Monday evening, all went well until it was just about time to pull Mike Hotel out and fire up the engine. Next thing you know, it's freezing rain outside. Mind you, a full weather briefing had been obtained and there was no rain forecast until well into Tuesday morning. Oh well, at least it started raining before we were in the air.
Wednesday evening, the IFR Pilot was confounded by what appears to have been a frozen door lock. For the life of me, I couldn't get the key into the lock. I could unlock the upper deadbolt, but not the lower door knob. Tried to warm it but didn't have the right equipment in the flight bag, nor did any of the airport bums, so I swore and went home with my tail between my legs. There is now a bottle of lock deicer in my flight bag.
Saturday, Mike Hotel heads in to the shop for a WAAS upgrade. Hopefully, everything will be back in time for a scheduled trip to the Southern Methodist University Air and Space Law Symposium, which begins February 21. If you're in the metro Dallas area and want to grab an adult beverage around that time frame, shoot me an e-mail and we'll see if we make it happen.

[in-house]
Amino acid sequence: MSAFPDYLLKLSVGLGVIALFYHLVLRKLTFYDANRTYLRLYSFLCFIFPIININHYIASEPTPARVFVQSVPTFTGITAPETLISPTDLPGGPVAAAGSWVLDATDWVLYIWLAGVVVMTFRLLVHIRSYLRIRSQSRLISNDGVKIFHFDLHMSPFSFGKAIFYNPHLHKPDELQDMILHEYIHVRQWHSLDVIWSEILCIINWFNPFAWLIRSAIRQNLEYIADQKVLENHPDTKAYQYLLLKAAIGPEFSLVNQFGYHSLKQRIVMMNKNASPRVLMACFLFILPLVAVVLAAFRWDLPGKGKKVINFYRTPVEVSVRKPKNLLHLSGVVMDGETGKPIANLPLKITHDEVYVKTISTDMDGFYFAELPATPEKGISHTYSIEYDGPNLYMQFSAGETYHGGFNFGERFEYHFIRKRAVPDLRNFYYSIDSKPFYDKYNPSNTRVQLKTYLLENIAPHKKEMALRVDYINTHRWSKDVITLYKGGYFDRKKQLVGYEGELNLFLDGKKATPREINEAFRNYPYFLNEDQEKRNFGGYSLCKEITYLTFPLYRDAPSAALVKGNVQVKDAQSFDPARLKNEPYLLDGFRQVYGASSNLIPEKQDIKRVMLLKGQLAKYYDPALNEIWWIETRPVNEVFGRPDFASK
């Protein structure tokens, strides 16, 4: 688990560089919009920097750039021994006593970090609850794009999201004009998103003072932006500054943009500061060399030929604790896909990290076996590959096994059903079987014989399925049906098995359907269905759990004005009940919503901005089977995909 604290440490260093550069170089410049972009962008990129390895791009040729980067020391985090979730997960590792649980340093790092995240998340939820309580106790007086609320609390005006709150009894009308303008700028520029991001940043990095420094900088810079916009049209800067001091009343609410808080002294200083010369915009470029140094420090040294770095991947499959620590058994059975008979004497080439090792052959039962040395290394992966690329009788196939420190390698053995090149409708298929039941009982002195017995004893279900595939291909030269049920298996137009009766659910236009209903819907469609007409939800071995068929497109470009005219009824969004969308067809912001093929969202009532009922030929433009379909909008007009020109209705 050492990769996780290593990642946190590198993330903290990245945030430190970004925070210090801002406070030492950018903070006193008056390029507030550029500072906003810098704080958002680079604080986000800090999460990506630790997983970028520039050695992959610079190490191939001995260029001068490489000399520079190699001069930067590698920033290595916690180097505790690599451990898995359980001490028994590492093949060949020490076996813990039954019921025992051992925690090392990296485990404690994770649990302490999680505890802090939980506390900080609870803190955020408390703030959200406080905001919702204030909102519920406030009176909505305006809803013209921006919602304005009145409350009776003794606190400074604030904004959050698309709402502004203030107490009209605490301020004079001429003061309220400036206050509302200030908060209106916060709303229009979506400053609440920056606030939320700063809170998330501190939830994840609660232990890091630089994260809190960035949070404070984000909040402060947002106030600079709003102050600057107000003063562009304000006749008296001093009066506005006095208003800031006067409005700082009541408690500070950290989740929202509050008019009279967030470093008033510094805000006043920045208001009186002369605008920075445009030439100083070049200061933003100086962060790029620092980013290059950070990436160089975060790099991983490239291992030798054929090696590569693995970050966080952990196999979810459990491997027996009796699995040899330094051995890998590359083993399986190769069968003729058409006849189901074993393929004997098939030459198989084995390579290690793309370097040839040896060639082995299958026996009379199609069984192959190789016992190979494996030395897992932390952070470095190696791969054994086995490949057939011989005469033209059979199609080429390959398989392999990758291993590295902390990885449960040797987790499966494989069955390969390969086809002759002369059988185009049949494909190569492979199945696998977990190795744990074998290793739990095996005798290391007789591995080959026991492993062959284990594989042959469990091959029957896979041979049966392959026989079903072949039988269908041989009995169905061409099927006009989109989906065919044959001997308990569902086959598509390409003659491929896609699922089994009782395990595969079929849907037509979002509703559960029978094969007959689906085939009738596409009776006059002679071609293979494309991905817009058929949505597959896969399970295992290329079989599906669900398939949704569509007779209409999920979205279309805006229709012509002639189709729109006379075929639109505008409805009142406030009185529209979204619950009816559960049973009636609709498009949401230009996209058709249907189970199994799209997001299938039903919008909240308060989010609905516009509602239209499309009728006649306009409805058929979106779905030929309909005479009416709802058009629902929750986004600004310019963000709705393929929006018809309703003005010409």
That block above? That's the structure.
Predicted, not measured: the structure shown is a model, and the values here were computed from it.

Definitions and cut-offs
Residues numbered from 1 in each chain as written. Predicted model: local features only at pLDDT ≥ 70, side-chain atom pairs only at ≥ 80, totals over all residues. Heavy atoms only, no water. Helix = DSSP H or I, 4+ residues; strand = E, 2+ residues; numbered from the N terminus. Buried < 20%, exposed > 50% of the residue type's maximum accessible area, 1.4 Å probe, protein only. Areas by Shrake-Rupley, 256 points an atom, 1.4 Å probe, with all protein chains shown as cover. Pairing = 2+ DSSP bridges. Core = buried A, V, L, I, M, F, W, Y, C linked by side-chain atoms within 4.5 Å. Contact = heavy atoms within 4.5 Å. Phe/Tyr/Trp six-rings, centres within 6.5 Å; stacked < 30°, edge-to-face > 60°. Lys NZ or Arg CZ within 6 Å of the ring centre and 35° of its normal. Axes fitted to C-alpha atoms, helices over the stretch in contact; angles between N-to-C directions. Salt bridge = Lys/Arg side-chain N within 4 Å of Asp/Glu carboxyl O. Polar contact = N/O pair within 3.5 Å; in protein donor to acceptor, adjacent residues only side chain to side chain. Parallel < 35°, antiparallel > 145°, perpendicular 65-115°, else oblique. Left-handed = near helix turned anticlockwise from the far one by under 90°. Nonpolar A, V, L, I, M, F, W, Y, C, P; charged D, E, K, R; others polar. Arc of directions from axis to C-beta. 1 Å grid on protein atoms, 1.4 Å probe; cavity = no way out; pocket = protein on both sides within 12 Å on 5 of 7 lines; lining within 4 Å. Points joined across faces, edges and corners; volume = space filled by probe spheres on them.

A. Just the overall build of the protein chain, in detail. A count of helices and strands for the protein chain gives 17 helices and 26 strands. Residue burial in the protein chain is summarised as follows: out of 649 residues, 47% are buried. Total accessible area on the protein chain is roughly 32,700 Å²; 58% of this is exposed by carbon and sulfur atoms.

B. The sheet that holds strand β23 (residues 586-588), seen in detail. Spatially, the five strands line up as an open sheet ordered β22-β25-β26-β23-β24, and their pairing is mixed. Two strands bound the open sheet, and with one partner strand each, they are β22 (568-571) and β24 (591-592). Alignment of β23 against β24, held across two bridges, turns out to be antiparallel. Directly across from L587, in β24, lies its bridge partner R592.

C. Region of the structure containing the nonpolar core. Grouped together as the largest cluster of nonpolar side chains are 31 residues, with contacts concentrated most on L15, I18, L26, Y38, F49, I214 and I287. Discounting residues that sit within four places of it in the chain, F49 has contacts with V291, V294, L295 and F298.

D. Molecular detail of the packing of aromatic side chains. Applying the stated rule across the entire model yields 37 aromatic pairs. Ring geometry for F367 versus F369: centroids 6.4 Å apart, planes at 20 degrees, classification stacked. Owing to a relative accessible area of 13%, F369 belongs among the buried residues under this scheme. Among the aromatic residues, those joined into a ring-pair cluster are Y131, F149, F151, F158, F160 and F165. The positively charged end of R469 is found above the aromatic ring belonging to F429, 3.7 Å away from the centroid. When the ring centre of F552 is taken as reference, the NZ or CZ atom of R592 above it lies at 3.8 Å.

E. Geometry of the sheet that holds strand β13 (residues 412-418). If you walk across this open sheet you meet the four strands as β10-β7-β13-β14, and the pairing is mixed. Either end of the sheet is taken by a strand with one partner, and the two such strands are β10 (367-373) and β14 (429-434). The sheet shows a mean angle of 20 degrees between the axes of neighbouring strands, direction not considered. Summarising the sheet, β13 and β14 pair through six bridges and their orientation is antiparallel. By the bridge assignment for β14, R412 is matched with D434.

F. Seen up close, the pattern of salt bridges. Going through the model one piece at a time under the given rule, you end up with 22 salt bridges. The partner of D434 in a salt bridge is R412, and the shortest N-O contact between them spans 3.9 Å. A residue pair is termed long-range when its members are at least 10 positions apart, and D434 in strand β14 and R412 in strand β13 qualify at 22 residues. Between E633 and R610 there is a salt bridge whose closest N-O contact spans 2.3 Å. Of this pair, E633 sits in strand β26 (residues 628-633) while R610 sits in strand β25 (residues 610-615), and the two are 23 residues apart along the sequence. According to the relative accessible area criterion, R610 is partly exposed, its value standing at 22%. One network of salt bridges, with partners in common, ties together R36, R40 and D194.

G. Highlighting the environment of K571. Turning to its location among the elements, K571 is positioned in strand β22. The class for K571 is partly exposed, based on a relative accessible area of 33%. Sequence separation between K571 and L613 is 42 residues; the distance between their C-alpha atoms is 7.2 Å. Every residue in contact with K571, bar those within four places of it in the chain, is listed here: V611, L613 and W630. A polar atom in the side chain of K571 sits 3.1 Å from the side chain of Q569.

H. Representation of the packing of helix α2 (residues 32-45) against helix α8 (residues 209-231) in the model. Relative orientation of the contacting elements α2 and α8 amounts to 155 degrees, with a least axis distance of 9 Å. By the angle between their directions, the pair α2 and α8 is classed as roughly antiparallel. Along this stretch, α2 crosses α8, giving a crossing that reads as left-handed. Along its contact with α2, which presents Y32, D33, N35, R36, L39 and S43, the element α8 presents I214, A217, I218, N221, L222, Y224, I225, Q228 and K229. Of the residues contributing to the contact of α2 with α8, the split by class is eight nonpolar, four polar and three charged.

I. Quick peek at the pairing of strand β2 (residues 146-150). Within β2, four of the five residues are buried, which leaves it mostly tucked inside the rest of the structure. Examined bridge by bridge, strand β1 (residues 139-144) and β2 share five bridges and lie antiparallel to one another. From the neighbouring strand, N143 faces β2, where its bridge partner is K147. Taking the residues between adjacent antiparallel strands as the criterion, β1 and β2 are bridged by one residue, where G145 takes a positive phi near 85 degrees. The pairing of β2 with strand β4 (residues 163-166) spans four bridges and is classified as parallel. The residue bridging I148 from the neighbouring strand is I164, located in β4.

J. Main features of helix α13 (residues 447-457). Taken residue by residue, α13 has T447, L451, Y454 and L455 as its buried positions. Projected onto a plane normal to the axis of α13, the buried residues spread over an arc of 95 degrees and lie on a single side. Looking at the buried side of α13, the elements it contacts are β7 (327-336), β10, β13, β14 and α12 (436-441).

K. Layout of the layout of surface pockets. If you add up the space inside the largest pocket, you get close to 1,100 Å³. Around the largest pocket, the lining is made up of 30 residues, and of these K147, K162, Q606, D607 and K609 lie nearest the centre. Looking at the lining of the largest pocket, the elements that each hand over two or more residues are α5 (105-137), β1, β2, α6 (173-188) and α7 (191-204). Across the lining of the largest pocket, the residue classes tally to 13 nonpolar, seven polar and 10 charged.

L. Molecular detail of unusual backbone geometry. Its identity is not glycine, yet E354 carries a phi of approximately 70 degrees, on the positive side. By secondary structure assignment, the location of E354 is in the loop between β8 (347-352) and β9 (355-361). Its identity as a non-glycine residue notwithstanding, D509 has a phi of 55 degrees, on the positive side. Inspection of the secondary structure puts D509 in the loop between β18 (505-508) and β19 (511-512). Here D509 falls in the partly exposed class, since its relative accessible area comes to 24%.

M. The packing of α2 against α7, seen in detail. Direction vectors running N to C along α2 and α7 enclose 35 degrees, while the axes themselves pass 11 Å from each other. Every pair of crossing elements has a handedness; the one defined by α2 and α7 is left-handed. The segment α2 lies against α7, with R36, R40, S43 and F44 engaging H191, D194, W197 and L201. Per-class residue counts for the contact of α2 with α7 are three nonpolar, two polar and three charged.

Finally, be careful about what writing implements you bring aboard, they could cause lots of consternation. From a NASA ASRS form:
Level at 33,000 feet...a strong odor similar to paint thinner was detected by both pilots. Cockpit crew initiated a fume checklist. After securing mask and goggles, cockpit crew established communications with flight attendants. The number one flight attendant reported that he also smelled a strong odor and a flight attendant in the aft of the aircraft also reported an odor. Since we were not able to determine the source of the strong odor, and considering that all of the flight crew reported noticing the smell, the flight crew determined that an emergency should be declared, followed by a divert to ZZZ. After declaring the emergency, ATC cleared the flight to turn 180 degrees for vectors toward ZZZ. As the aircraft was in the turn, the number one flight attendant called the cockpit and informed the crew that the source of the fume-like odor was identified. Apparently, two children sitting in First Class had just begun to color with ink markers. The flight attendant reported, without a doubt, that the smell was coming from the ink being applied to the paper. This was verified by the other flight attendants working the flight, as well as by a pilot in uniform commuting to work. The number one flight attendant reported that the marker is printed with a warning to avoid use of the marker at high altitudes, or in confined spaces....(From Callback Issue 337.)
ATC was then informed that we discovered the source of the unusual odor, and that the situation was now safe and under control. We rescinded the emergency declaration and requested vectors to continue the flight on to our destination. We landed on time, without incident.